Tackling too-big-to-fail banks: Have the reforms been effective? Remarks by Claudia M. Buch, Vice-President, Deutsche Bundesbank at a Bruegel online discussion

09.07.2020 | Virtuell | Claudia Buch

Motivation

In the aftermath of the 2008 global financial crisis, the G20 endorsed a number of reforms intended to make the financial system safer. The Financial Stability Board is evaluating the “too-big-to-fail” (TBTF) reforms for systemically important banks (SIBs). The working group that is carrying out the evaluation has published a report for consultation on 28 June. The public consultation of the evaluation closes on 30 September and we would encourage responses from a wide range of stakeholders from the private sector, academia, and civil society.

Let’s first recall the situation at the time of the 2008 financial crisis. Banks were weakly capitalised, resolution regimes for banks were missing, and taxpayers’ money was often used to bail out banks. The expectation of government support acts as an implicit subsidy: it lowers the financing costs of systemically important banks and weakens market discipline because risks are not adequately priced. It creates incentives for these banks to take too much risk – we call this moral hazard.

The TBTF reforms are intended to reduce this moral hazard and systemic risk through:

  • Standards for additional loss absorbency through capital surcharges and total loss-absorbing capacity requirements;
  • Recommendations for enhanced supervision and heightened supervisory expectations; and
  • Policies to put in place effective resolution regimes and resolution planning to improve the resolvability of banks.

Because systemic risk and moral hazard are not directly observable, the evaluation focuses on the mechanisms through which the reforms are expected to operate. The systemic importance of banks depends, for example, on their choices over size, assets, structure, funding, and risk. Higher capital requirements and more intensive supervision can encourage banks to internalise their externalities and change behaviour. Bank behaviour, in turn, determines the system-wide probability of a crisis, the capital shortfall and the amount of recapitalisation needed, and the expected loss to the economy. In the absence of effective frameworks for resolution, public authorities are not able to credibly commit to allowing SIBs to fail. SIBs may thus enjoy funding cost advantages over other banks, market discipline may fail to constrain SIBs’ risk-taking, and market structures and competition may be distorted. These feedback mechanisms affect aggregate outcomes such as the overall resilience of the financial system and the provision of finance.

Building blocks of the evaluation of too-big-to-fail reforms

There are two types of systemically important bank: global systemically important banks or G-SIBs, and domestic systemically important banks or D-SIBs. There are about 30 G-SIBs – the FSB publishes a list of them every year. D-SIBs are designated by their home authorities and their number stood at 132 at the last count (2018), 40 of them being headquartered in the EU, the UK, and Switzerland, and 25 in the EU alone.

The central questions of the evaluation are whether the reforms have achieved their objectives, and whether there were any unintended side-effects. Let me also clarify what is not included. First, the evaluation focuses on the too big to fail reforms that I just mentioned. They were plenty of other post-crisis reforms, such as the Basel III standards, or the clearing obligation for standardised over-the-counter (OTC) derivatives, but we have not evaluated them. Second, the evaluation was completed before the COVID-19 pandemic.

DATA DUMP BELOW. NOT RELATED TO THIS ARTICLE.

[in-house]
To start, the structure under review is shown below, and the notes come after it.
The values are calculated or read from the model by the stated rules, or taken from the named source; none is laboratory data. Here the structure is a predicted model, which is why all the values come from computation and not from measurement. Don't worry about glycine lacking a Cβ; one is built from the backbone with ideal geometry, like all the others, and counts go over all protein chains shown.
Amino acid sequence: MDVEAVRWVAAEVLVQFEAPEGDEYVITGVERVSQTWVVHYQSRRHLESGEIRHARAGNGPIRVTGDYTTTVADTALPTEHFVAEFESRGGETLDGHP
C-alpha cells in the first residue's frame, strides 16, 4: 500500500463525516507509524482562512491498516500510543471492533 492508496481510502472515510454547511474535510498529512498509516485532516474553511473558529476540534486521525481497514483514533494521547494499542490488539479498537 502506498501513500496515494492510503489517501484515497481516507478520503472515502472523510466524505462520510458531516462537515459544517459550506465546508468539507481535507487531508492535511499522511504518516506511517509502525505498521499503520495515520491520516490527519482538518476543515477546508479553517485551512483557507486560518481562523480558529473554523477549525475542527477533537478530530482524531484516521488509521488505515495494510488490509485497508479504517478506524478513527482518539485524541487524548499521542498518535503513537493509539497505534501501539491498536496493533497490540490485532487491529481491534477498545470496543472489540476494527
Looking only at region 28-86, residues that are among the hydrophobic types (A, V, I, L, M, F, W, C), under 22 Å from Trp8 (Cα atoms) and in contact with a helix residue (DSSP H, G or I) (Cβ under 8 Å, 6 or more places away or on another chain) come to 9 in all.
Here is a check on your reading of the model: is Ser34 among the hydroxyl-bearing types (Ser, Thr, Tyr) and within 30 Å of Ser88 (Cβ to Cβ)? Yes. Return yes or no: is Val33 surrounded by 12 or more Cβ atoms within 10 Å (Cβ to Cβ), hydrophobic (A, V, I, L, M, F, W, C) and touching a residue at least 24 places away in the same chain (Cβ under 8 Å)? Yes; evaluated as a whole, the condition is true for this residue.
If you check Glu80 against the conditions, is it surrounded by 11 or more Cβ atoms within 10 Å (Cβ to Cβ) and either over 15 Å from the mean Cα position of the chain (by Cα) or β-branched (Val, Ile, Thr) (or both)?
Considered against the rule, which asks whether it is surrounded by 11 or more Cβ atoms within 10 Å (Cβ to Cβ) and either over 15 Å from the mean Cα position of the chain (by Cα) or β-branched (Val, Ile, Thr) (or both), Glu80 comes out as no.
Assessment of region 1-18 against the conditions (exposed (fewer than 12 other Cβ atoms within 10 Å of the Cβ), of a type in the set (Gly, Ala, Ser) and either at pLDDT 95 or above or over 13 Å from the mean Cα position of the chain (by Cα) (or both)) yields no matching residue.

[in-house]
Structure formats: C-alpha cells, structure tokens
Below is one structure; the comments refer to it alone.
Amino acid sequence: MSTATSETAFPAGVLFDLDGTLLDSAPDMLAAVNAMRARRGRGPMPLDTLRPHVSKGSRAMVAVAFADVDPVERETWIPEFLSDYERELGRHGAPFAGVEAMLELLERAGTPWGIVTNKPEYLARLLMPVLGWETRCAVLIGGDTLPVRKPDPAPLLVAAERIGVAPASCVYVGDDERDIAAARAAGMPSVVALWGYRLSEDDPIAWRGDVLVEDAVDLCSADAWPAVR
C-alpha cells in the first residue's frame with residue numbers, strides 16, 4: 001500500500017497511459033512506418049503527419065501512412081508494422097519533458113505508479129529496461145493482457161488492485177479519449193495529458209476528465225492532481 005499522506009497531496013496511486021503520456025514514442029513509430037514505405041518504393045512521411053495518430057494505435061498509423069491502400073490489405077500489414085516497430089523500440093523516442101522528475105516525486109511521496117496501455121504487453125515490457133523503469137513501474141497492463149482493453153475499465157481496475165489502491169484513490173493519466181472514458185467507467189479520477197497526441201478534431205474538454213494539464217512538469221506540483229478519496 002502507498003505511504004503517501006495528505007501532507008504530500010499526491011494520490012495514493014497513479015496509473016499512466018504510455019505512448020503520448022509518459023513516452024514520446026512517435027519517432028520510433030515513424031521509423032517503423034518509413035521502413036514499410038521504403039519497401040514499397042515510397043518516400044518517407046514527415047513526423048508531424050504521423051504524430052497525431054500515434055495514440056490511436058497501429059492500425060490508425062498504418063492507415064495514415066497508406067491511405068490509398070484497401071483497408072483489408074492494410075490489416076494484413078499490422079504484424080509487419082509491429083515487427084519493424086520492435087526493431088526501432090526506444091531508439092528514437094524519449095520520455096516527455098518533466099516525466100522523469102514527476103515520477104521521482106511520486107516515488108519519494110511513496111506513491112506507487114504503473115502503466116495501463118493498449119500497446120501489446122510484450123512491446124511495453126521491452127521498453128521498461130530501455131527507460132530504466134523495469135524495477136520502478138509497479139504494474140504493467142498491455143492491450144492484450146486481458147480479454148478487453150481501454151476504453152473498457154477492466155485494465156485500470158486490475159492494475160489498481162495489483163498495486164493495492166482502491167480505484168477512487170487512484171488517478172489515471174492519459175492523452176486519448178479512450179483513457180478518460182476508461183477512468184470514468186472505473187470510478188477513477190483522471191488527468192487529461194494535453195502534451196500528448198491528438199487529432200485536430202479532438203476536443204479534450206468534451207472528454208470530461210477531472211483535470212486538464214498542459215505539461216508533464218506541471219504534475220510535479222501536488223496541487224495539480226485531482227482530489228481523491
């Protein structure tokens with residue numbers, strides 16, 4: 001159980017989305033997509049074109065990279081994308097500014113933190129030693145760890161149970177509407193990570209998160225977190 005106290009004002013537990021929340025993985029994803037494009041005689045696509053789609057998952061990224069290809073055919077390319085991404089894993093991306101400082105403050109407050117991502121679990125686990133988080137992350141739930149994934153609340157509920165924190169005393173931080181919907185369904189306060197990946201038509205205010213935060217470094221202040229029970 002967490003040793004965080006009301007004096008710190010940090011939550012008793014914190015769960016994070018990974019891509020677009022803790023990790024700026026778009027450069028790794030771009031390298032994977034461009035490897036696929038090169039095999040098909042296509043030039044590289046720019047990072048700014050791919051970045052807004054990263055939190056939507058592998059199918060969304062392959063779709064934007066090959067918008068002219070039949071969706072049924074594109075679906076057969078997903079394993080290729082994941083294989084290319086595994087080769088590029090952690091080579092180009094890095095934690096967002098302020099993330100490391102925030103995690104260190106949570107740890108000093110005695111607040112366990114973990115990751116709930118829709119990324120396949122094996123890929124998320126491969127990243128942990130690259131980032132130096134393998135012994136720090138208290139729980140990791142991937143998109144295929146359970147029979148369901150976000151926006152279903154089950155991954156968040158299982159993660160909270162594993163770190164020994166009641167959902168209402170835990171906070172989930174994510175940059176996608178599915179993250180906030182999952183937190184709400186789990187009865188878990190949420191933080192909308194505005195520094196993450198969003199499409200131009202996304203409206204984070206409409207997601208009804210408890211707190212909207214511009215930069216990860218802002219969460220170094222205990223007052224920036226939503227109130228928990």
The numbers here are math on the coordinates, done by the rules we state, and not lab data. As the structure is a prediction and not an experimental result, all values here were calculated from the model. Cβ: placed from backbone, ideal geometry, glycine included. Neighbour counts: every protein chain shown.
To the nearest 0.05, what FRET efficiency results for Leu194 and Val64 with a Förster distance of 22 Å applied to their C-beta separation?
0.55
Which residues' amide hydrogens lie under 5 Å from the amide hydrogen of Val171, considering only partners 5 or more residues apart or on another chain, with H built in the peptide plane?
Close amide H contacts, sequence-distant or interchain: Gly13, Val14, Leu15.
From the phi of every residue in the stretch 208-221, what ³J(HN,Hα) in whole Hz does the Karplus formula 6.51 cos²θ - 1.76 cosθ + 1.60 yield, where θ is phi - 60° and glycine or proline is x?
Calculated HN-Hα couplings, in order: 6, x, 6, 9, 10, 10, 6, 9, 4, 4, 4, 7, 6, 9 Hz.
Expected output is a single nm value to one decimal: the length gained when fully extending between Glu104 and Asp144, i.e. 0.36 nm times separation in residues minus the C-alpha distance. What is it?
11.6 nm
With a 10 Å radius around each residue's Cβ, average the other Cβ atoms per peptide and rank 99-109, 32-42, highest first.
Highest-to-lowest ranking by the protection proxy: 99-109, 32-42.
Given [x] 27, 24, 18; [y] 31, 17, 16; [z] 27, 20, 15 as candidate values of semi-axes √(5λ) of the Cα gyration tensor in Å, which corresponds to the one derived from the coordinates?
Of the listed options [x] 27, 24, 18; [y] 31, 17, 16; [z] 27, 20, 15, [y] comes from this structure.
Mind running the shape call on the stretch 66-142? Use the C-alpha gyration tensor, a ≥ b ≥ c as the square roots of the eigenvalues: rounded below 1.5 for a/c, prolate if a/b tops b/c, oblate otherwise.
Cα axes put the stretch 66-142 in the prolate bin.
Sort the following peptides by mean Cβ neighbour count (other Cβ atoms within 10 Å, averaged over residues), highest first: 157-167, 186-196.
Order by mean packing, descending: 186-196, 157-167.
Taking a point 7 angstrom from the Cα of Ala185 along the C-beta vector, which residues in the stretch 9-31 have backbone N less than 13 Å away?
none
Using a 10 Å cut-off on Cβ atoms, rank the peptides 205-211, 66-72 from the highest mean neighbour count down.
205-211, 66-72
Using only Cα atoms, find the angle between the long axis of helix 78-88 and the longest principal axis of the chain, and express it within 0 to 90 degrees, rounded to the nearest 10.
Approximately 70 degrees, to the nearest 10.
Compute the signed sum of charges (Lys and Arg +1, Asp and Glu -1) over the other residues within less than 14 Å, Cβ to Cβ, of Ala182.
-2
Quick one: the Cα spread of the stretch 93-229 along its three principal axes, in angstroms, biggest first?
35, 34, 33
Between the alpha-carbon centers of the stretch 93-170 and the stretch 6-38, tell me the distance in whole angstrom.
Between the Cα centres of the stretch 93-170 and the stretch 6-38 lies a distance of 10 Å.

The overall findings of the evaluation can be summarised under three headlines:

  • Indicators of systemic risk and moral hazard have fallen;
  • Effective TBTF reforms bring net benefits to society; and
  • There are still gaps that need to be addressed.

What does the report say about how resilient banks are?

TBTF reforms have made banks more resilient and resolvable. Systemically important banks are better capitalised and can absorb more losses:

  • The capital ratios of G-SIBs relative to banks’ risk-weighted assets have doubled since 2011; in Europe the improvement is larger than elsewhere.
  • The picture is a little different if we look at the leverage ratio. Leverage ratios have also risen markedly everywhere, but they have always been, and continue to be, lower in Europe: ratios are 5% here, against an average of 6.5% elsewhere.
  • G-SIBs have also issued large quantities of debt that is capable of absorbing losses in resolution and are meeting their minimum requirements for such loss-absorbing capacity.

Changes in bank profitability are in line with expectations. Higher equity capital, lower risk, and higher funding costs for systemically important banks would be expected to lower banks’ return on equity. In this sense, lower bank profitability can be in line with a more robust banking system and with lower costs for the taxpayer. Before the 2008 financial crisis, banks that were considered to be too-big-to-fail in effect enjoyed an implicit subsidy from the state. This is a costly economic distortion, and the reforms aim to reduce this subsidy. If the reforms are having an impact, we would expect to see the profitability of G-SIBs fall relative to other banks, all other things equal. At the same time, low profitability of banks can also be an indicator of excess capacity in the banking sector and lack of exit – an issue that resolution reforms may help to address.